Miami High has made the playoffs once in the past decade.
And not since NFL players Andre Johnson, Roscoe Parrish and Atari Bigby donned the Stingarees’ blue and gold have they been considered a true playoff contender.
Senior all-around athlete Keyshawn “Pie” Young is on his way to joining that Miami High football pantheon.
And this season, he plans to restore the Stingarees’ contender status.
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“I’ve been working seven days a week for this season,” Young said. “We’re ready to bring the tradition back. We’re senior-heavy and this year we feel a bond on this team and we feel like this could be our year.”
Young (5-11, 175 pounds), who has Alabama and Michigan among his top schools offering scholarships, has been an all-around force for Miami High, which has not been to the postseason since 2010 and not won a playoff game since 2000.
But this season, the Stingarees might have the right mix to challenge Coral Gables and Columbus for one of the District 14-8A playoff spots.
“We have experience and kids that have been playing for three years now,” Miami High coach Ivan Rosales said. “These guys are battle-tested and this should be the year for us to take it to the next level. We are going in expecting to … win a district championship — and in the playoffs anything can happen.”
Young has a combined 2,069 rushing and receiving yards and 30 touchdowns (16 rushing, 14 receiving) since his sophomore season. He has also been a vital part of the Stingarees’ secondary and returned three punts for touchdowns last season. He also split time at quarterback.
“It’s been a pleasure to coach a kid like that,” Rosales said. “It’s great to see that he has been loyal to the program and understands what the goals are and what we have to do in practice to get the job done.”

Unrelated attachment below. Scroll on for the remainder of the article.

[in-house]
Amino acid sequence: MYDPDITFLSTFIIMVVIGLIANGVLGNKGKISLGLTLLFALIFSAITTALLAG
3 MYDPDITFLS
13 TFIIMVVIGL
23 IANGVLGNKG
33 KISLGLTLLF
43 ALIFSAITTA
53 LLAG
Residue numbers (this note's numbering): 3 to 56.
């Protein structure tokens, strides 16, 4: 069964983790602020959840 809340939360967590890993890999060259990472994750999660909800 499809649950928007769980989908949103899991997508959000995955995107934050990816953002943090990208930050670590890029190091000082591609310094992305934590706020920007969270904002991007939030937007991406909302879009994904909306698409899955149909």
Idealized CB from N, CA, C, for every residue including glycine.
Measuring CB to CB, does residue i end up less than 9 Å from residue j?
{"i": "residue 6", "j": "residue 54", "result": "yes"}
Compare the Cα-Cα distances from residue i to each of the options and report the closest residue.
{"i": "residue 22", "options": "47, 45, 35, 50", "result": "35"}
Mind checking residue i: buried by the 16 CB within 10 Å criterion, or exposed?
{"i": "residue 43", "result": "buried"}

But with a senior-laden roster and depth at the quarterback position, Young’s talents will likely be utilized better and make Miami High’s offense more explosive than the one that averaged 30.4 points per game last season.
“We have more team speed on both sides of the ball,” Rosales said. “We’ve always had good skill players. We have a quarterback now that can distribute the ball and put it in our playmakers’ hands.”
That quarterback is junior Marcelo Rodriguez (6-3, 185 pounds), who transferred from Chaminade-Madonna. Rodriguez should give Miami High the ability to get Young the ball more often out of the backfield and in the passing game.
“We don’t have to stick to a tight formation, we can spread it out more,” Young said. “I don’t need to play quarterback, so it gives us more options.”
Miami High’s defense, which was no slouch either last season, allowing only 9.5 points per game, returns several key starters, including senior end Rahiem Ladson (42 tackles, eight sacks, two fumbles caused and two recovered).
If Miami High is to take the next step and compete for the district title, that defense will need to hold up against teams with high-powered offenses such as Columbus and Coral Gables.